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File:Coat of arms of Yavne.png
Coat of arms of Yavne
District Center
Government City
Hebrew יַבְנֶה
Arabic ياڨني, يبنة
Population 32,200 (2007)
Area 10700 dunams (10.7 km2; 4.1 sq mi)
Mayor Zvi Gov-Ari
Founded in 1949
For the religious kibbutz, see Kvutzat Yavne. For the town with a similar name, see Gan Yavne.

Yavne (Hebrew: יַבְנֶה‎; Arabic: ياڨني‎ or يبنة, Yibnah; Latin: Iamnia; traditional English spelling Jabneh or Jamnia) is a city in the Central District of Israel. According to the Israel Central Bureau of Statistics (CBS), at the end of 2007 the city had a total population of 32,200.[1]


The Hebrew Bible refers to Yavne as Yavne'el (Joshua 15:11) (Douay-Rheims: Jebneel), a border city between the tribal allotments of Dan and Judah. However it should not be confused with the walls later breached by King Uzziah in his battle against the Philistines (2Chronicles 26:6). Both cities are different in English and original Hebrew translations.

The Romans called the city Iamnia. It was bequeathed by King Herod upon his death to his sister Salome. Upon her death it passed to Caesar Augustus who managed it as a private imperial estate, a status it was to maintain for at least a century. After the destruction of the Second Temple in 70 CE, Rabban Yochanan Ben Zakkai moved the Sanhedrin to Yavne. Shortly thereafter, the Council of Yavne met there, whence Rabbinical Judaism emerged. The Sanhedrin left Yavne for Usha in 80 CE, only to return in 116 CE, before leaving Yavne for good.

The Crusaders called the city Ibelin and built a castle there in 1141. Its namesake noble family, Ibelin, was important in the Kingdom of Jerusalem and later in the Kingdom of Cyprus. Ibelin itself was captured by Saladin in 1187.

Before the establishment of Israel there was an Arab village of Yibna located there.

During Operation Cast Lead Yavne was the most northern city which was attacked by the Palestinian terrorist organizations.[2]


According to the Israel Central Bureau of Statistics (CBS), in 2001 the ethnic makeup of the city was Jewish and others, without significant Arab population. See Population groups in Israel. In 2001, the population included 15,800 men and 16,000 women. The ages of city residents were fairly spread out:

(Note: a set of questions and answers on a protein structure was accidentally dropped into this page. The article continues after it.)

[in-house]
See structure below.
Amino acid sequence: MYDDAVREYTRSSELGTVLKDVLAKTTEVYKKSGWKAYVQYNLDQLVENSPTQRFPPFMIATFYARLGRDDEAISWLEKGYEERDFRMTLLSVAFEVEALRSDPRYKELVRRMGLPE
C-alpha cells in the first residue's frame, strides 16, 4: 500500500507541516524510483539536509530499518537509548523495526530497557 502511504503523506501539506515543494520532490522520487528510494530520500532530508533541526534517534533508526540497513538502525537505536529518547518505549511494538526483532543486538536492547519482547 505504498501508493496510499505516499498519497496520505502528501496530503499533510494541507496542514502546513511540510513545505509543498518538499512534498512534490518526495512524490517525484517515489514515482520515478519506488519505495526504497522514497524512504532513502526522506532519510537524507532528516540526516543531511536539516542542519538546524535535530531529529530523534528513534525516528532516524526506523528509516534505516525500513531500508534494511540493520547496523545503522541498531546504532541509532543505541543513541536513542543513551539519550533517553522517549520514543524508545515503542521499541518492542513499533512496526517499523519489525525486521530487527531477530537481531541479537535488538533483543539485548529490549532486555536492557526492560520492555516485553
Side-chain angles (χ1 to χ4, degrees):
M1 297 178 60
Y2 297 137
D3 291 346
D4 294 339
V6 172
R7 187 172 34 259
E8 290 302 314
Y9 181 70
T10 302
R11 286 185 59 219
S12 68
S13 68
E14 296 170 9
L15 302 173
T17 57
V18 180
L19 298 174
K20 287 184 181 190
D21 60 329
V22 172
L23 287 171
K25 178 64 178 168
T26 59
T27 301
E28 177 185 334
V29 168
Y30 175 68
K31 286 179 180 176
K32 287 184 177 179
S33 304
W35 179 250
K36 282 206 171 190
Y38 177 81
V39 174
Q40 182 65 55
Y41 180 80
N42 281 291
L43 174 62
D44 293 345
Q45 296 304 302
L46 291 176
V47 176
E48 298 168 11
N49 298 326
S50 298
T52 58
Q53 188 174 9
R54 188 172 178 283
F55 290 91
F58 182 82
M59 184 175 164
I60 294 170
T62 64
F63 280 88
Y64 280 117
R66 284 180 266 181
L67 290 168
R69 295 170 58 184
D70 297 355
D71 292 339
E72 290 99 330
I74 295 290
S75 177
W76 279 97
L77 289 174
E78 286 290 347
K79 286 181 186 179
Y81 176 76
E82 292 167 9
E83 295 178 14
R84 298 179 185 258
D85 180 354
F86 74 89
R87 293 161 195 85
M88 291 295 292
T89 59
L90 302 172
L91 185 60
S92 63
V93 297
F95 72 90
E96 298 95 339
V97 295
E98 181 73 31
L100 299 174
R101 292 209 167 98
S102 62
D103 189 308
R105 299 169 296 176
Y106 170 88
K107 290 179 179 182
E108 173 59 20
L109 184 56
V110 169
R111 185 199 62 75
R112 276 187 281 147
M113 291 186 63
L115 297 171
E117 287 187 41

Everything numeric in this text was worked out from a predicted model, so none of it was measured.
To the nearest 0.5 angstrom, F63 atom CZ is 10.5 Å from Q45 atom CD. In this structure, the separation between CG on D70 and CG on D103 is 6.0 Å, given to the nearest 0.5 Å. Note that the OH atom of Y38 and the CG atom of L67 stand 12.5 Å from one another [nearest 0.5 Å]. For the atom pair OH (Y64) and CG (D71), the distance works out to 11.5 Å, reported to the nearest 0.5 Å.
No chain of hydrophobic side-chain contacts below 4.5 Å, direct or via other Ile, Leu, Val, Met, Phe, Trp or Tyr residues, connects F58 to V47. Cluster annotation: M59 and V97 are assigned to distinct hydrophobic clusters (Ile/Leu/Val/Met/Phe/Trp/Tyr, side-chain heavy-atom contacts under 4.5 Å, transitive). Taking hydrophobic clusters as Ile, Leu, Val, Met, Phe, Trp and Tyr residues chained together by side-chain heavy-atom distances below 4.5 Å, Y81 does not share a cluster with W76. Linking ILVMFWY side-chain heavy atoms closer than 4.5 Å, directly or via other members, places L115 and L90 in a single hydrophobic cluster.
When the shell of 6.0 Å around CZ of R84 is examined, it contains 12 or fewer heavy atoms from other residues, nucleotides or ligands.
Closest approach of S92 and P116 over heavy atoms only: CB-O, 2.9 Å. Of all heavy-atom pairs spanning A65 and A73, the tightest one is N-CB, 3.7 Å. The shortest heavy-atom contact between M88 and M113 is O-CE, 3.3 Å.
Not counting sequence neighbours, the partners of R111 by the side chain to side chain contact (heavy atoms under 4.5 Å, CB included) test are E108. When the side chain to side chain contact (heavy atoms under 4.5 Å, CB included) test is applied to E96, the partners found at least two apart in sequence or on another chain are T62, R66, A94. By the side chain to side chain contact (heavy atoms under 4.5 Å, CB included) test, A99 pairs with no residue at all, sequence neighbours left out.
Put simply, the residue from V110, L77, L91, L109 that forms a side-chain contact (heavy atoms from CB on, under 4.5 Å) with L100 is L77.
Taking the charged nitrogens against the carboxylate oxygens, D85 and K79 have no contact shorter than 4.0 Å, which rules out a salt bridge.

• 38.5% aged 19 years or younger
  • 16.7% aged 20 to 29
  • 18.6% aged 30 to 44
  • 18.2% aged 45 to 59
  • 2.1% aged 60 to 64
  • 5.8% aged 65 years or older

The population growth rate in 2001 was 0.5%. 103 new residents moved to Yavne in that year.


According to CBS, as of 2000, in the city there were 10,910 salaried workers and 966 are self-employed. The mean monthly wage in 2000 for a salaried worker in the city is ILS 5,699, a real change of 4.1% over the course of 2000. Salaried males have a mean monthly wage of ILS 7,430 (a real change of 1.1%) versus ILS 4,042 for females (a real change of 10.8%). The mean income for the self-employed is 7,631. There are 640 people who receive unemployment benefits and 2,396 people who receive an income guarantee.


According to CBS, there are 16 schools and 7,445 students in the city. They are spread out as 11 elementary schools and 4,037 elementary school students, and 9 high schools and 3,408 high school students. 59.6% of 12th grade students were entitled to a matriculation certificate in 2001.


Major companies based in Yavne include: Ormat Industries, Aeronautics Defense Systems, Avisar and Orbotech.


Maccabi Yavne is the city's major football club. During the 1980s the club played in the top division and in 1985 won the Toto Cup. Today they are in Liga Leumit. and the Basketball team, Elitzur Yavne play in the Liga Leumit (basketball) Since 2007.

Notable residents

  • Meir Sheetrit
  • Maor Melikson
  • The Members Of The Shabak Samech Band
  • Omri Casspi

International relations

Twin towns — Sister cities

Yavne is twinned with:

  • United Kingdom - Cheltenham, United Kingdom
  • Germany - Speyer, Germany

See also

  • List of villages depopulated during the 1948 Arab-Israeli war
  • Yavneh-Yam, port of ancient Yavne.


Some or all of this article is forked from Wikipedia. The original article was at Yavne. The list of authors can be seen in the page history.

External links

Coordinates: 31°53′N 34°44′E / 31.883°N 34.733°E / 31.883; 34.733